Farmers across the Southeast are working to maintain their fruit harvests after a prolonged freeze left behind major crop damage.
A blast of arctic air pushed into the Southeast during the week of March 13 and challenged record lows across the region. On March 15, the National Weather Service in Columbia, South Carolina, warned of a “potential agricultural disaster” as freeze warnings stretched into central Florida.
In the wake of the freeze, peach farmers in South Carolina, the largest peach-producing state on the East Coast, are dealing with their worst crop damage in a decade.
The farmers are hopeful to have 10 to 15 percent of their normal crop this year, according to the South Carolina Department of Agriculture. South Carolina residents looking for peaches will still be able to buy them in July and August, but in limited supply, the agency said.
South Carolina is second to only California in overall peach production in the United States. The state’s peach crop has an annual value of $90 million and an economic impact of more than $300 million.
“Peaches are a signature South Carolina crop, and this weather anomaly has devastated peach farmers,” said Hugh Weathers, South Carolina commissioner of agriculture. “However, as South Carolina farmers have shown time and again, they are resilient and with the help of allied-industry partners, they will survive this devastating blow.”
The state also reported a 15 percent loss to the strawberry crop and a “significant loss” to blueberries. The full impact of the damage from the freeze will not be known for at least three weeks.
Unusually mild winter conditions in the East caused the peaches to begin blooming approximately three weeks earlier than normal. Farmers typically spend the winter months pruning the trees so they can bear fruit, with the first harvest usually taking place in late May or early June.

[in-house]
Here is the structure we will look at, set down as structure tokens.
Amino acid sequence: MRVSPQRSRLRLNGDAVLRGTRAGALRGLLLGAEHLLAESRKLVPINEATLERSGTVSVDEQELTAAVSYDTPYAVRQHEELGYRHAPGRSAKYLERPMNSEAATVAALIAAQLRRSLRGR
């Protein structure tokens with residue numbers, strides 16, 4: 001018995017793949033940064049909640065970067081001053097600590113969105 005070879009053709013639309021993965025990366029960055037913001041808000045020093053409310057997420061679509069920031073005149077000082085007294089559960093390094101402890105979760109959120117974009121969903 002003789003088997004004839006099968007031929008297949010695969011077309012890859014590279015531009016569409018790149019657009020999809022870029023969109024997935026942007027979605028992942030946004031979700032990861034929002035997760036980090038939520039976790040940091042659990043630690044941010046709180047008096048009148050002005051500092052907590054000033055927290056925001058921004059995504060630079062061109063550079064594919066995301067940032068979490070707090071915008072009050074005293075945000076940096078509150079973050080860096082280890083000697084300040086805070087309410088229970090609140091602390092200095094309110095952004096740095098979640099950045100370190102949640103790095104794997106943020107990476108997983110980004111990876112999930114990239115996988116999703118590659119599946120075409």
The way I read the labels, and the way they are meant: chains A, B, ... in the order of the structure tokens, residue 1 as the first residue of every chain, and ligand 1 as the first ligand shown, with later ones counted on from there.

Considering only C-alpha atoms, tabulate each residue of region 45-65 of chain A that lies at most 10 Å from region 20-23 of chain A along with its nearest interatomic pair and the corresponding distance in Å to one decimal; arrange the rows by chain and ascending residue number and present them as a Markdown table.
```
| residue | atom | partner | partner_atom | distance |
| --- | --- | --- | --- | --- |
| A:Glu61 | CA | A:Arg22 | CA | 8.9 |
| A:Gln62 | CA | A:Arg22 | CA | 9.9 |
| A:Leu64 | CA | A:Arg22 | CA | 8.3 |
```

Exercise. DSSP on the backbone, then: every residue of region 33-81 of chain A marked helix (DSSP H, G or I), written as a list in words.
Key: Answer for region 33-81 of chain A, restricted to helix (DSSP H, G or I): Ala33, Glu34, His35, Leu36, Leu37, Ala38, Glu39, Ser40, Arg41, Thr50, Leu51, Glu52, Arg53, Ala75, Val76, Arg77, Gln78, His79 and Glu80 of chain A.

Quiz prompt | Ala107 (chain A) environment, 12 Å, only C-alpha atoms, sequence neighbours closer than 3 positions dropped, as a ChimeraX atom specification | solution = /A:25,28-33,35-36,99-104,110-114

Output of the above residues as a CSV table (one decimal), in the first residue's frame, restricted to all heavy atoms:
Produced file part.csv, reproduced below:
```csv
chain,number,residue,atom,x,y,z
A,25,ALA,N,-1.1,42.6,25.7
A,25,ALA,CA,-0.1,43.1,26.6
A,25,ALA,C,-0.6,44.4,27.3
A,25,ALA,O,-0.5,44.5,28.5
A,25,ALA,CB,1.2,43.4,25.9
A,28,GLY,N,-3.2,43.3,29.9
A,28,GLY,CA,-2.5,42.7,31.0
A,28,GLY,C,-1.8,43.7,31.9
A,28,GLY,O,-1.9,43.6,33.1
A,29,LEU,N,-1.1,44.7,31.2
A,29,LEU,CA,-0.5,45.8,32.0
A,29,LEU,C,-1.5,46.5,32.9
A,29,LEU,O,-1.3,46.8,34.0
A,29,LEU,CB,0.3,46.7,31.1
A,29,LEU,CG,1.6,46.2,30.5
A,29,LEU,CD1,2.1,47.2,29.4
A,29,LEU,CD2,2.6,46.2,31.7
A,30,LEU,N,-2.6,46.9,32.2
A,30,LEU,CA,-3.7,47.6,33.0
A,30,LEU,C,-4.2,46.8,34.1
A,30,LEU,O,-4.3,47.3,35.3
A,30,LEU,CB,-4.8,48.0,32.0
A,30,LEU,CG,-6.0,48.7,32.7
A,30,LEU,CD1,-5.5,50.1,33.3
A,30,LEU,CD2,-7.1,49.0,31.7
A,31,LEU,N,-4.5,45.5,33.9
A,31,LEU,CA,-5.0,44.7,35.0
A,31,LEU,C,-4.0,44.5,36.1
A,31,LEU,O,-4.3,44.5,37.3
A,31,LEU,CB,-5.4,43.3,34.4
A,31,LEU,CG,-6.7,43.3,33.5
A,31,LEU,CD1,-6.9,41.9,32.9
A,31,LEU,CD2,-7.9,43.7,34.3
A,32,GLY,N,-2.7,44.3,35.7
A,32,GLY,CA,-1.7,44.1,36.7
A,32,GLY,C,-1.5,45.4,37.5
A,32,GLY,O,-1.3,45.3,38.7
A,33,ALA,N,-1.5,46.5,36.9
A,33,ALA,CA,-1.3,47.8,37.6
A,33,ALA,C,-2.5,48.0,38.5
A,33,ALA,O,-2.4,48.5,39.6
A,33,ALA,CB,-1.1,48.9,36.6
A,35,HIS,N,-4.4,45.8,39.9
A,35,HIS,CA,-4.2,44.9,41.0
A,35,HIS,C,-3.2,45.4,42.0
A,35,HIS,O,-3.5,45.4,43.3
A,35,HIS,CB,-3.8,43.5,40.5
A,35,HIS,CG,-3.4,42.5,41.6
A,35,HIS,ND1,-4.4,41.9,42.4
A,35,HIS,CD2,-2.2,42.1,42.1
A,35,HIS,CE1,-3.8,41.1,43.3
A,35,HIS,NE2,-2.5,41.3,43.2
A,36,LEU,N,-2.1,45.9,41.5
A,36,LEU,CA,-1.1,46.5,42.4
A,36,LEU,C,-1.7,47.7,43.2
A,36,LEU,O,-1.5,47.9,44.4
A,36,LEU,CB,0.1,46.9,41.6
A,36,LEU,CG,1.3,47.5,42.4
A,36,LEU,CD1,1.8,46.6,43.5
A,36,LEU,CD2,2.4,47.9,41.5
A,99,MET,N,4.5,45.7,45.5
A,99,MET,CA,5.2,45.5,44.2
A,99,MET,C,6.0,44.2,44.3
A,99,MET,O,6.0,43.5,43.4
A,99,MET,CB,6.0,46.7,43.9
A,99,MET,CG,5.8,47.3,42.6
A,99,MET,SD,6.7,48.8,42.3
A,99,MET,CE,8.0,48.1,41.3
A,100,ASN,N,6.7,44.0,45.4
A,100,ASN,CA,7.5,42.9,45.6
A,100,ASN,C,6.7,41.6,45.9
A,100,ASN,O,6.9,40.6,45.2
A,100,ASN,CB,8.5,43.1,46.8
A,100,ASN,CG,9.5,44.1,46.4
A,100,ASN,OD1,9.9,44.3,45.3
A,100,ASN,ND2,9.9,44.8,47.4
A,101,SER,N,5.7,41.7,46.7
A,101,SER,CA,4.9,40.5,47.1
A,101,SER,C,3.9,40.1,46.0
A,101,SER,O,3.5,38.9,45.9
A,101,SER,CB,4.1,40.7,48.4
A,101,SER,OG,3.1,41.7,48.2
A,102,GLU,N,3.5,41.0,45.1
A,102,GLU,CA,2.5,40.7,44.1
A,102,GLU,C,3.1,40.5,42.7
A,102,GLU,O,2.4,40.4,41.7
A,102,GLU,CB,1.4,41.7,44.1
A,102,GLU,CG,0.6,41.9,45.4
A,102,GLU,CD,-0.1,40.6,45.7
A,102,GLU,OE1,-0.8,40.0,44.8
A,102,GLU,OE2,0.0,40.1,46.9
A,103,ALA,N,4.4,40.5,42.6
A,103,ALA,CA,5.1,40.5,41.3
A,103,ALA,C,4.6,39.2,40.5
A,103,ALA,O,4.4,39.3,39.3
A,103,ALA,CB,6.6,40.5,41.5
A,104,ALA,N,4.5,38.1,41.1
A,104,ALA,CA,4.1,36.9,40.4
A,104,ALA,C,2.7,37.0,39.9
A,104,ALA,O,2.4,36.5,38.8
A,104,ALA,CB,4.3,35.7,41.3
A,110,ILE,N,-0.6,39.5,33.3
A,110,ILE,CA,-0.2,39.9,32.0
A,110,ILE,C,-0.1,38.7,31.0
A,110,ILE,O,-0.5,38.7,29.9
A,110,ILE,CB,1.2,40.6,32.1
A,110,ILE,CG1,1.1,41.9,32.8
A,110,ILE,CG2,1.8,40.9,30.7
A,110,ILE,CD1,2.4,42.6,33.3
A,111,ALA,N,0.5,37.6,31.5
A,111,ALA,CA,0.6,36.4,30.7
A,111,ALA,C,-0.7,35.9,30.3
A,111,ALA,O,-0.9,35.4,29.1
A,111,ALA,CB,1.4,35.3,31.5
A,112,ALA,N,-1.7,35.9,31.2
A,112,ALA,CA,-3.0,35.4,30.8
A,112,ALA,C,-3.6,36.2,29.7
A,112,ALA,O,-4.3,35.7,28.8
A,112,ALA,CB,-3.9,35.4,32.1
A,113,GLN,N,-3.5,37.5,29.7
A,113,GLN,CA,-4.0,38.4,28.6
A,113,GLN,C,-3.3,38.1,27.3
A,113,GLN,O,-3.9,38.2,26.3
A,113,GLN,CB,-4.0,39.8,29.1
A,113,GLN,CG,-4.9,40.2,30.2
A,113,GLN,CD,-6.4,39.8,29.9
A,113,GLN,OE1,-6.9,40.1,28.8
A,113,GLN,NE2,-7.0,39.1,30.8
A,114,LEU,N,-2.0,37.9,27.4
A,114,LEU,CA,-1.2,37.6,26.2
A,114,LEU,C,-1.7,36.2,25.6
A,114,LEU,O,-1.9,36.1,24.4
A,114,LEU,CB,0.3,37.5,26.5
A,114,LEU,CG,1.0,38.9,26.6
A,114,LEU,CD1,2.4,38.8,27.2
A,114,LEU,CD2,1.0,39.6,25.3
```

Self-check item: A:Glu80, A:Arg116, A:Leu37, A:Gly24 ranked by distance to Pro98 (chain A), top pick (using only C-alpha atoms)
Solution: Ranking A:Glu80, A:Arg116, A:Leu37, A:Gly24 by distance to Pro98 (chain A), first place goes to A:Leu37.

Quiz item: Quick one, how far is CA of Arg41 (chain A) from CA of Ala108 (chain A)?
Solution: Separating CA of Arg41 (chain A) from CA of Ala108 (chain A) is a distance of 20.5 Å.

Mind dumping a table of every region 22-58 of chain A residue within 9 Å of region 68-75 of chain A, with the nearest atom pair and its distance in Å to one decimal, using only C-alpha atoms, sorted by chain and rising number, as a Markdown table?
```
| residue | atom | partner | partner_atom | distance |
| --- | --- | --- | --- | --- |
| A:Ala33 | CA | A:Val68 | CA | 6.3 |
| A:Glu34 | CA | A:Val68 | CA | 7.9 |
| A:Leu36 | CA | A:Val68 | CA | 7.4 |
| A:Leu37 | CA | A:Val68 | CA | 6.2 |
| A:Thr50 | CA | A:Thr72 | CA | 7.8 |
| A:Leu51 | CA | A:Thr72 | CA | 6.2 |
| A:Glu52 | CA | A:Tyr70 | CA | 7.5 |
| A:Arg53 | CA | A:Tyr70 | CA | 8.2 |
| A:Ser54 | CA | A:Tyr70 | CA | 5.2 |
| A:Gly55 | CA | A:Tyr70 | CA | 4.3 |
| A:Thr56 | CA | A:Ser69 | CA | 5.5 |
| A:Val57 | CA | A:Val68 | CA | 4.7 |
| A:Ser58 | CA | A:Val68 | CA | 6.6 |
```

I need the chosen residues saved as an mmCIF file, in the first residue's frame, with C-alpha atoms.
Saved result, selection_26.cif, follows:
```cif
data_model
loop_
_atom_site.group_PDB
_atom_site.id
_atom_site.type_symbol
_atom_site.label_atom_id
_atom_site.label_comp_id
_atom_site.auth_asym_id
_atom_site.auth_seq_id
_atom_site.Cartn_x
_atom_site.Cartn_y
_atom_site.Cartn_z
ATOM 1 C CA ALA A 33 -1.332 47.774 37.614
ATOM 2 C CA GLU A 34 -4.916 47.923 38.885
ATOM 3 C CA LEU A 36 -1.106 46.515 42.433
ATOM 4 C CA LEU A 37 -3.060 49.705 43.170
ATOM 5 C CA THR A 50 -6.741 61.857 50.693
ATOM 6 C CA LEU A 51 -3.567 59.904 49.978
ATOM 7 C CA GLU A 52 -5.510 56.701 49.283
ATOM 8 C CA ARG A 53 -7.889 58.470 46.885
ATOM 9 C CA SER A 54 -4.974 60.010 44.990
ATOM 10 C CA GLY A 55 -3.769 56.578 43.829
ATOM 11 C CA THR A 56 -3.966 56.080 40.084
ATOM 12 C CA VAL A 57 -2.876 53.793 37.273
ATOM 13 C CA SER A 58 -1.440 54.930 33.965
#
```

In neighboring Georgia, officials told the Associated Press that 80 percent of south Georgia’s blueberry crop is gone. Additionally, the total losses between Georgia and South Carolina could amount to $1 billion.
Jake Carter, 36, co-owner of Southern Belle Farm in McDonough, Georgia, said they were able to save most of their strawberries, the primary crop on the farm, but their peaches and blueberries did suffer significant damage.
“This is the worst [freeze] I’ve seen, when we’re this far along [in the season],” Carter told AccuWeather. “Granted this is early for us, usually we’re not this far along this early."
Southern Belle typically plants its strawberries in October and harvests them in mid-April, but this year the public has already been picking strawberries on the farm. Peaches and blueberries are usually harvested around Memorial Day.
“I think we’re going to be OK on our peaches,” Carter said, adding that enough of the blooms on their beach trees survived.
The Tennessee Department of Agriculture cautioned growers on March 11 that a lot of work would be needed to save their crops as temperatures were forecast to dip into the mid-20s.
While growers made sure to cover strawberry patches with heavy cloth, some still reported heavy losses.
Batey Farms in Murfreesboro, Tennessee, estimated it lost 90 percent of its blossoming strawberries. However, on their Facebook page, they announced they would “hit the reset button” and work to have strawberries available for picking by early May.
Cathy Bradley, owner of Bradley Kountry Acres in Cottontown, Tennessee, said they double covered their acreage of strawberries in anticipation of the sub-freezing temperatures. The covers remained in place with more cold on the way this week.
"At this time, we really don't know the outcome, but are hoping the doubled covers prevented too much damage," Bradley said.
Three consecutive nights of sub-freezing temperatures, including two where temperatures reached the teens, resulted in at least a 50 percent crop loss for Cedar Grove Blueberry Farm in Cedar Grove, North Carolina, according to co-owner Kether Smith.
It’s the second straight year a deep freeze has claimed a significant portion of their blueberries. Last April, the farm, which has about three acres of blueberry bushes, lost 75 percent of its crop.
Smith, 39, estimated that they were about two weeks ahead of schedule. As she surveyed her fields, many of the blueberry flowers that had not fully developed had turned brown and appeared “cooked,” she said.
“What normally would have been really tight buds had opened up into flowers and the farther along they are in development, the more susceptible they are to frost,” she said.